This is Djokovic's sixth Wimbledon title, breaking a tie with Bjorn Borg for the third-most Wimbledon titles among men in the Open Era. Djokovic trails only Federer (eight) and Pete Sampras (seven) at The Championships.
Djokovic is now the sixth player, male or female, to win each of the first three Grand Slams of the calendar year since the Open Era began. He joins Rod Laver (1969), Margaret Court (1970), Martina Navratilova (1984), Steffi Graf (1988) and Serena (2015). Of the five, Laver, Court and Graf went on to complete the Calendar Slam -- winning all four majors in the year.
Djokovic is now the fifth man in the Open Era to win the French Open and Wimbledon in the same year, joining Laver (1969), Borg (1978-80), Nadal (2008, 2010) and Federer (2009).
Djokovic is now just the second man all-time to win major titles on three different surfaces in a calendar year. Nadal was the first, winning the French Open, Wimbledon and the US Open in 2010.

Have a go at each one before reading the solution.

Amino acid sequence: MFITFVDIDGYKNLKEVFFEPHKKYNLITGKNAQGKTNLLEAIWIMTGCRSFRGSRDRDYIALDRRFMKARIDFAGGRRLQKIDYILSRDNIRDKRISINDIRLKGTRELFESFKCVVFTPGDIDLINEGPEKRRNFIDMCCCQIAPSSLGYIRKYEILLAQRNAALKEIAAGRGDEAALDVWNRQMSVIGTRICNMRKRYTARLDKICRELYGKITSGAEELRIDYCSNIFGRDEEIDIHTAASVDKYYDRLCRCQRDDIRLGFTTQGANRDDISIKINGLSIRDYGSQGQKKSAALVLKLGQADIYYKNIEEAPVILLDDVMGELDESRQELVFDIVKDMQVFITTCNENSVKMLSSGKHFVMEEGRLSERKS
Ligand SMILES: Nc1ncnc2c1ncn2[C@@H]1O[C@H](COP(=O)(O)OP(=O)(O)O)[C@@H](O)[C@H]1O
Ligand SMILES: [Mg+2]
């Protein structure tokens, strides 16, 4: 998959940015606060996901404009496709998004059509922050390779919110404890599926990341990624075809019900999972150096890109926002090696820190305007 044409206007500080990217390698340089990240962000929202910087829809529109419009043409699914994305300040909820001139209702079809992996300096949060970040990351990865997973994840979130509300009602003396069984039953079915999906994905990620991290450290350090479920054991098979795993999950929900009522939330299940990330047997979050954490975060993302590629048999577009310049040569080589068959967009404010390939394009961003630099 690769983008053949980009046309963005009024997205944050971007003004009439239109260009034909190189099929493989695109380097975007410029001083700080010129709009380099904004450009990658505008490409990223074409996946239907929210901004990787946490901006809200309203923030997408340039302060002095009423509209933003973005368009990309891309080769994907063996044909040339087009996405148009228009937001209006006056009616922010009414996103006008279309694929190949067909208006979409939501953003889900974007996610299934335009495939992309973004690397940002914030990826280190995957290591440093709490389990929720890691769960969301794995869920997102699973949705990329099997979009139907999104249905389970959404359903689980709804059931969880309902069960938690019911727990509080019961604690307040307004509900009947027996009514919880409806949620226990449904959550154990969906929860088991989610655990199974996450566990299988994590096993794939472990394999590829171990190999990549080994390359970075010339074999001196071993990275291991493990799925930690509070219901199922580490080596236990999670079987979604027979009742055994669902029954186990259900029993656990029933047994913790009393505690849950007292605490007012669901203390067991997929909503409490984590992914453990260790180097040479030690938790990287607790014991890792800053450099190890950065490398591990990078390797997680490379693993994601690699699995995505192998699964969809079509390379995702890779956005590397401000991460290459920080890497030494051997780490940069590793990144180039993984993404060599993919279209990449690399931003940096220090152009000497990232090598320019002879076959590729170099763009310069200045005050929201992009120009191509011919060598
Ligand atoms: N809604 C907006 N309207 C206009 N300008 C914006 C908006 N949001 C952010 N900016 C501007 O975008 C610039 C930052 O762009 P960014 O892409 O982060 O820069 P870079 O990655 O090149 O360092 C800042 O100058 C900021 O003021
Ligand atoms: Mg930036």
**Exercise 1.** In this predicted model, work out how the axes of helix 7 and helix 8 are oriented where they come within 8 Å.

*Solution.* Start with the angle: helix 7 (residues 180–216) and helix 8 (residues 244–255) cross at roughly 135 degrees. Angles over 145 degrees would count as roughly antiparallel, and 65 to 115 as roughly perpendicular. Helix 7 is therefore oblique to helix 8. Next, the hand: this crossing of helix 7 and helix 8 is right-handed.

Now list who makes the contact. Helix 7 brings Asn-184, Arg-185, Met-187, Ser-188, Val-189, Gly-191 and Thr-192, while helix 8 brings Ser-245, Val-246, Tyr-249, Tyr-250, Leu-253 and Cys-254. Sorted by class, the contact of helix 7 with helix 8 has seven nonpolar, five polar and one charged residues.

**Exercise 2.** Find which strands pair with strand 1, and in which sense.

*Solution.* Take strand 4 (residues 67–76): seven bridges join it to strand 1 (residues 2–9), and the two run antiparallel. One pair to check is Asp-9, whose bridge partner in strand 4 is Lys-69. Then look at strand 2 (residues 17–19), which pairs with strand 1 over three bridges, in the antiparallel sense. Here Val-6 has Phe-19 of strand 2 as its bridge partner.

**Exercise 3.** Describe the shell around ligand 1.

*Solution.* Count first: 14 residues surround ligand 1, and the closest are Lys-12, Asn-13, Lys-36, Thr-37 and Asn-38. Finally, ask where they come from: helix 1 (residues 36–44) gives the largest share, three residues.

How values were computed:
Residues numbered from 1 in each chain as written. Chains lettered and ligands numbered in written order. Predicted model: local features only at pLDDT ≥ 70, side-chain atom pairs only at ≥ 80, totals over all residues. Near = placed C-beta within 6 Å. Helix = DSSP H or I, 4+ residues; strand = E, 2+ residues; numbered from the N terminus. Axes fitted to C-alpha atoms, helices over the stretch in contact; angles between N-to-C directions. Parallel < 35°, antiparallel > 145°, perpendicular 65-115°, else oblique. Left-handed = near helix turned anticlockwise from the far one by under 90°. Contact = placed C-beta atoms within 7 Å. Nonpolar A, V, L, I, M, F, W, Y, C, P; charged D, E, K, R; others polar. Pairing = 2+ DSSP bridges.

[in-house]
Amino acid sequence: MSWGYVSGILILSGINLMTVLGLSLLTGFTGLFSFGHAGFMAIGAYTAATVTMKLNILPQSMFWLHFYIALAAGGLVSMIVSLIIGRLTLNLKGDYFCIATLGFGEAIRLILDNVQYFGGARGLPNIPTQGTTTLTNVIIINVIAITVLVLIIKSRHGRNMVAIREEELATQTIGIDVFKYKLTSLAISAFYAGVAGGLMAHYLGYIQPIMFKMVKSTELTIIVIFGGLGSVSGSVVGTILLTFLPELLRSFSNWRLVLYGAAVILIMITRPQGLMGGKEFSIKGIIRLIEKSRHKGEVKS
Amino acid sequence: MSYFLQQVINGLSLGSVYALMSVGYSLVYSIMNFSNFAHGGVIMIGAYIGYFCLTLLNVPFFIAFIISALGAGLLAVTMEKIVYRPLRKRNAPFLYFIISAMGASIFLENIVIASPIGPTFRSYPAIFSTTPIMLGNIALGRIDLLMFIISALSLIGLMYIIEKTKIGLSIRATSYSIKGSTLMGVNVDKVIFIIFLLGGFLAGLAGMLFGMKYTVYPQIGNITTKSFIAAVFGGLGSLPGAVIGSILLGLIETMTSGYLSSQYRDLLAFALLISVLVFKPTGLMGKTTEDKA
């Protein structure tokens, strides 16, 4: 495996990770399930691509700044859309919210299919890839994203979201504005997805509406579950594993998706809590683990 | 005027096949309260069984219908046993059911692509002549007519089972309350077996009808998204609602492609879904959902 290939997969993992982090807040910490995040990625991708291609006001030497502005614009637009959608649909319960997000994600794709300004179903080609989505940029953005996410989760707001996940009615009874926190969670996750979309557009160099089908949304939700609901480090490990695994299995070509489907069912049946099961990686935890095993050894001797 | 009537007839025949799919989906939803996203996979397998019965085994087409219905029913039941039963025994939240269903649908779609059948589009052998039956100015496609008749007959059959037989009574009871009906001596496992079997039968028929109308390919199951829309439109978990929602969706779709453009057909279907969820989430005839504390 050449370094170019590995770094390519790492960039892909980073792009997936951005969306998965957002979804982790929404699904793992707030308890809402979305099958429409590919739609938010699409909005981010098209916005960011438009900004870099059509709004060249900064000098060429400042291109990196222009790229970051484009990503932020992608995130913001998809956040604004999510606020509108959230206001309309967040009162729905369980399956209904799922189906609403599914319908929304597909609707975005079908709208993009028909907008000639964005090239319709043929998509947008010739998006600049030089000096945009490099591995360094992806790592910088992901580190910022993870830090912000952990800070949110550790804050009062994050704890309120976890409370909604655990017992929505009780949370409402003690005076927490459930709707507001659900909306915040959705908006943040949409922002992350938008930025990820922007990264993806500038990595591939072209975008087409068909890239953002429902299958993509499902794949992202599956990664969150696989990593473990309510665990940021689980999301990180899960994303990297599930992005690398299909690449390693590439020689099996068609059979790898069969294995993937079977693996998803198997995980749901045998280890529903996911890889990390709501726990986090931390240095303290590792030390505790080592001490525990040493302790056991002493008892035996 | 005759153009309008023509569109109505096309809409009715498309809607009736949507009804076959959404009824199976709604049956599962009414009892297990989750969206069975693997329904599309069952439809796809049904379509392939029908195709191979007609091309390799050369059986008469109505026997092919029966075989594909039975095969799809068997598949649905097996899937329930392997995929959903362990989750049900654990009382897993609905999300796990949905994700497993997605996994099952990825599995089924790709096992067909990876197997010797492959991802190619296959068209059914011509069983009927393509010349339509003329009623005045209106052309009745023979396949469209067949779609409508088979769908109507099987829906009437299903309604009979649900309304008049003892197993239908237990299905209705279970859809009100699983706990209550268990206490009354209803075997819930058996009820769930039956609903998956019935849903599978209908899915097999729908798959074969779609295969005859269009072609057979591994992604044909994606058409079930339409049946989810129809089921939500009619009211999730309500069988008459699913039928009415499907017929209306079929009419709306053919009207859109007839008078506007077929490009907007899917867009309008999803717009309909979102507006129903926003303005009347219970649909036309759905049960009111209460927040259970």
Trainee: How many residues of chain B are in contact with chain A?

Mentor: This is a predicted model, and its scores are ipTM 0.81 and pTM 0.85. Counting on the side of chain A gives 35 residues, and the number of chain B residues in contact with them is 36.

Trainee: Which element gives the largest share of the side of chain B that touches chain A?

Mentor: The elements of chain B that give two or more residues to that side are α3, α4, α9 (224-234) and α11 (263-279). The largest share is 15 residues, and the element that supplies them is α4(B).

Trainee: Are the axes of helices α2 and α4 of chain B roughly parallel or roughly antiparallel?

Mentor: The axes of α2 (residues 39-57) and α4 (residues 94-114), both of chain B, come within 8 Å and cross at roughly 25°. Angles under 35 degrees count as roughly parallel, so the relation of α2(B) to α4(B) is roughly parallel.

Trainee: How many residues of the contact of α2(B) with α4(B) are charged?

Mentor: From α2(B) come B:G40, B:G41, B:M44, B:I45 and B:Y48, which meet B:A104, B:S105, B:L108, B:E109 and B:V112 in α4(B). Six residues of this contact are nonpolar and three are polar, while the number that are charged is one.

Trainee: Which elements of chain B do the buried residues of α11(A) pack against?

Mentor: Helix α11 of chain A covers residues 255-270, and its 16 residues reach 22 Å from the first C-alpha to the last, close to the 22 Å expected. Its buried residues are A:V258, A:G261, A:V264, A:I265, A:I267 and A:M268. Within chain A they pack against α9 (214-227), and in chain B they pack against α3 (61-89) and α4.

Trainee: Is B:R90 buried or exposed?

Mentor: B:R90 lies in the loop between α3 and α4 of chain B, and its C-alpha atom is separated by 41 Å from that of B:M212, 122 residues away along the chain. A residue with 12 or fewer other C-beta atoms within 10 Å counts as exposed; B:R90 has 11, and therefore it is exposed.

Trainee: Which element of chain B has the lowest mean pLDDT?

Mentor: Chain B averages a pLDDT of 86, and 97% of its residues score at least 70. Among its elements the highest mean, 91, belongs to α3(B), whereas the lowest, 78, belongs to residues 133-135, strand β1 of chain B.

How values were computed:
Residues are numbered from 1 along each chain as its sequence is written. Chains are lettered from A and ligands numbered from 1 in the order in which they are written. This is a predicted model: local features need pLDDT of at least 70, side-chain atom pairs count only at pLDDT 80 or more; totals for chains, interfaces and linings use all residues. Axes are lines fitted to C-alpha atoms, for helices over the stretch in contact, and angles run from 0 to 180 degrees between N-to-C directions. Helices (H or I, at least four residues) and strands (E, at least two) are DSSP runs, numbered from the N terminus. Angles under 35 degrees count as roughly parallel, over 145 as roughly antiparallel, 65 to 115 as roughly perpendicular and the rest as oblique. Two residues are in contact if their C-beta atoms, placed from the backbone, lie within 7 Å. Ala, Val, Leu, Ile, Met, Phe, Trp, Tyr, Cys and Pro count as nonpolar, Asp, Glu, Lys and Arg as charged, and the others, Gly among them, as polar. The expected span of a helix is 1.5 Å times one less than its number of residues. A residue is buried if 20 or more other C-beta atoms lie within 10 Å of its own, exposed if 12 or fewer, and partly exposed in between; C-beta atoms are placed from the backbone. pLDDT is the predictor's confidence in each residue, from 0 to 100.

The number of majors Djokovic has won since turning 30, extending his record for most such titles among men in the Open Era (since 1968). Nadal is next with six such Grand Slams, while Federer, Rod Laver and Ken Rosewall all won four majors after turning 30.
This is the seventh Grand Slam final Djokovic has won after losing the opening set, the most by any player, male or female, in tennis history. The next highest are Chris Evert, Graf, Court and Bill Tilden, all of whom won five major finals after losing the first set.
Djokovic is the first man in the Open Era to win three Wimbledon titles after turning 30.
This is Djokovic's 85th tour-level title. He's in fifth place among men in the Open Era -- ahead of him are Jimmy Connors (109), Federer (103), Ivan Lendl (94) and Nadal (88). Just behind him, in sixth, is John McEnroe (78).
The number of editions of Wimbledon it has been since a male player won his first Grand Slam title at the tournament. The last to do so was Federer in 2003.
This is the second-longest such streak in Wimbledon history, after a 17-year run from 1968-1984, broken when a 17-year-old Boris Becker won the tournament in 1985.
(Stats courtesy of ESPN's Statistics & Information Group)